The city of Bend and the Bend Park & Recreation District would each pay $300,000 toward dredging Mirror Pond under a plan city councilors and park board members say they will float to their colleagues next week.
Representatives from the city and the park district met Thursday with Mirror Pond Solutions, the private group that owns the land under the pond. For well over a year, the group has sought contributions from the city and park district to pay the $6.7 million it would take to remove silt from the pond bottom.
“At some point, we just need to make a decision,” said Bend Mayor Casey Roats. “Are we going to put our money where our mouths are and keep the pond or not?”
The proposal they reached Thursday means the city and park district would match the $300,000 Mirror Pond Solutions has collected in private donations, and the remaining roughly $5.8 million would be paid by Pacific Power customers through their utility bills.
The city charges Pacific Power and other utility companies franchise fees, and companies pass the cost on to customers.
While numbers could change, the committee discussed increasing Pacific Power’s 5 percent franchise fee to 6.25 percent for nine years, then dropping it to 5.25 percent.
Increasing Bend’s franchise fee for Pacific Power still wouldn’t take it as high as Redmond’s, where the Pacific Power franchise fee is 7 percent.
Any increases to Pacific Power franchise fees will come on top of Bend’s desire to increase other utility fees. Bend residents are paying $1 to $3 more a month because of a June council decision that raised sewer and water fees to pay for two new roads. The council will also vote later this year on whether or not to hike sewer rates to pay some of the costs of connecting homes on septic systems to the city sewer.
Mirror Pond Solutions is willing to take on debt for 10 years for the dredging project, said Todd Taylor, owner of Taylor Northwest Construction company and co-founder of Mirror Pond Solutions. Increasing the franchise fee for the first nine years would cover an annual debt payment of $765,000, he said, and the continued increase of .25 percent would provide an ongoing $190,000 annually for pond maintenance.
This funding method omits a fish ladder through the Pacific Power dam that created the pond, something committee members previously agreed could assuage environmental concerns about dredging. That fish passage may be critical to getting support from the park board, said Nathan Hovekamp, a park board member who works as the wildlife program director at the environmental nonprofit Central Oregon LandWatch.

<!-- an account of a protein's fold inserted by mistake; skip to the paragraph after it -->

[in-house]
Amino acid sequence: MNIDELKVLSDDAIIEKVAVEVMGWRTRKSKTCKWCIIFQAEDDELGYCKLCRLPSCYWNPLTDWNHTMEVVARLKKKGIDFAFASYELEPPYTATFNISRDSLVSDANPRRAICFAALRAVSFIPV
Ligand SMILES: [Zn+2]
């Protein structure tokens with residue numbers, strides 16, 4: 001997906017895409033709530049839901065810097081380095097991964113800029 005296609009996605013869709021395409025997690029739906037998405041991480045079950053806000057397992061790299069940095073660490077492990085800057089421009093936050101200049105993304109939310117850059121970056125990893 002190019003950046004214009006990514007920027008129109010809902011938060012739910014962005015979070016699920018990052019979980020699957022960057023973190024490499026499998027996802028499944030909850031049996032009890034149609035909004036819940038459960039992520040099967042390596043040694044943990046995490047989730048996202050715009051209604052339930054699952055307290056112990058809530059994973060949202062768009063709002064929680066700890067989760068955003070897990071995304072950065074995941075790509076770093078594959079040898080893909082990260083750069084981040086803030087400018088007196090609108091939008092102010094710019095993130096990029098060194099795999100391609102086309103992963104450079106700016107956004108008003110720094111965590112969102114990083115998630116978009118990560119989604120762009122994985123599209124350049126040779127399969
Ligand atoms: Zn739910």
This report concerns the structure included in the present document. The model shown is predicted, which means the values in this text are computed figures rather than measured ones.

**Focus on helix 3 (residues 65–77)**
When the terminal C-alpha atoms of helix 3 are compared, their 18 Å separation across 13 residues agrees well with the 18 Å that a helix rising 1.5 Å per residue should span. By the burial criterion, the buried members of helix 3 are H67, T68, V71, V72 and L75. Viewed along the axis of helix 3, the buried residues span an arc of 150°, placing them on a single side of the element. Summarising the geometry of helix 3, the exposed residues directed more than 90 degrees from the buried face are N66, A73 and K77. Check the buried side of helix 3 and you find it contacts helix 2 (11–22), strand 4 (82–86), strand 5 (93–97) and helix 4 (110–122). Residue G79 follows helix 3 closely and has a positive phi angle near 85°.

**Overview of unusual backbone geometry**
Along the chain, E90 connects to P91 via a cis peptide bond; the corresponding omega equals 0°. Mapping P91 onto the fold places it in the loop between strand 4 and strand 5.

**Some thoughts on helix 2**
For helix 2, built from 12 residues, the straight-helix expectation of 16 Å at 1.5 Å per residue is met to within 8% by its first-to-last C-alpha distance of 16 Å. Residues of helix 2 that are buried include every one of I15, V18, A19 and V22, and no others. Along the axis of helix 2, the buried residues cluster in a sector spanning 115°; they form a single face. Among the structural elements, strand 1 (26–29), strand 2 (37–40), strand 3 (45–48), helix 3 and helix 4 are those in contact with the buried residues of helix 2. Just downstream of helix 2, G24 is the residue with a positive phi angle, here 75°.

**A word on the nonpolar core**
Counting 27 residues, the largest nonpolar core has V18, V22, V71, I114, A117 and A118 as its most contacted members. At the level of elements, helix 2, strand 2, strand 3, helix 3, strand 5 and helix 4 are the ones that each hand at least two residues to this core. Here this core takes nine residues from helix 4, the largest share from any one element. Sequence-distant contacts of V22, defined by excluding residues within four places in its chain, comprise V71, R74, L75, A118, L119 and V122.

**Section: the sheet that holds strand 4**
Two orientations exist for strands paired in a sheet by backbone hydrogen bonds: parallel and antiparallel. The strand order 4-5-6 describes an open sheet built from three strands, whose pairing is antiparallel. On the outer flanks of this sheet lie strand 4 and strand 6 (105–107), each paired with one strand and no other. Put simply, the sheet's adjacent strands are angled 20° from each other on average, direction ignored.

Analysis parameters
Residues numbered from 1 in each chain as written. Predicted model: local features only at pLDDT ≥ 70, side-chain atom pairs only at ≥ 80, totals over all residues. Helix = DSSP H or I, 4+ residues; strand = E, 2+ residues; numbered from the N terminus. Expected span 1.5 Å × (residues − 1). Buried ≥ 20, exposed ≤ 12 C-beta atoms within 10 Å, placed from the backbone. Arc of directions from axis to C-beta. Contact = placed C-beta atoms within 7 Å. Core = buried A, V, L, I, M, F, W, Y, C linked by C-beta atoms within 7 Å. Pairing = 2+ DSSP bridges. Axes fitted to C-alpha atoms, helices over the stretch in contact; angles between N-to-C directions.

“It’s difficult for me to predict what our full board will say in the absence of a firm commitment to have a win for the river,” Hovekamp said.
Old Mill District developer Bill Smith, who co-founded Mirror Pond Solutions, said focusing on a fish ladder as part of dredging instead of separating the projects was “obstructionist.”
“You’re making this project hostage to the fish ladder, and as much as we like fish, we shouldn’t be holding our project up on a fish ladder,” he told Hovekamp.
Park board chairman Brady Fuller said he wanted to see a full accounting of the project costs before he was comfortable allocating money. He said he was concerned about what kind of exposure the park district would have if Mirror Pond Solutions donates the land under the pond to the district after it’s dredged and there isn’t an ongoing source of money for pond maintenance.
The Bend City Council also has skeptics. Councilors Barb Campbell and Nathan Boddie have adamantly opposed spending public money on dredging the pond, and Councilor Bill Moseley has said he’s uncomfortable with using franchise fee revenue to pay for the project because that money could be used for infrastructure improvements. Boddie’s term ends in December, but his successor, Gena Goodman-Campbell, said during her campaign she thought Smith and Taylor should pay for dredging themselves.
Pacific Power has not participated in either of the committee meetings, but representatives are expected to be at a third and final meeting Dec. 7. By that point, members will know how the City Council and park board feel, Councilor Bruce Abernethy said.
“We’ll either get the thumbs up or, if it’s a thumbs down, we’ll move to a plan B,” he said.
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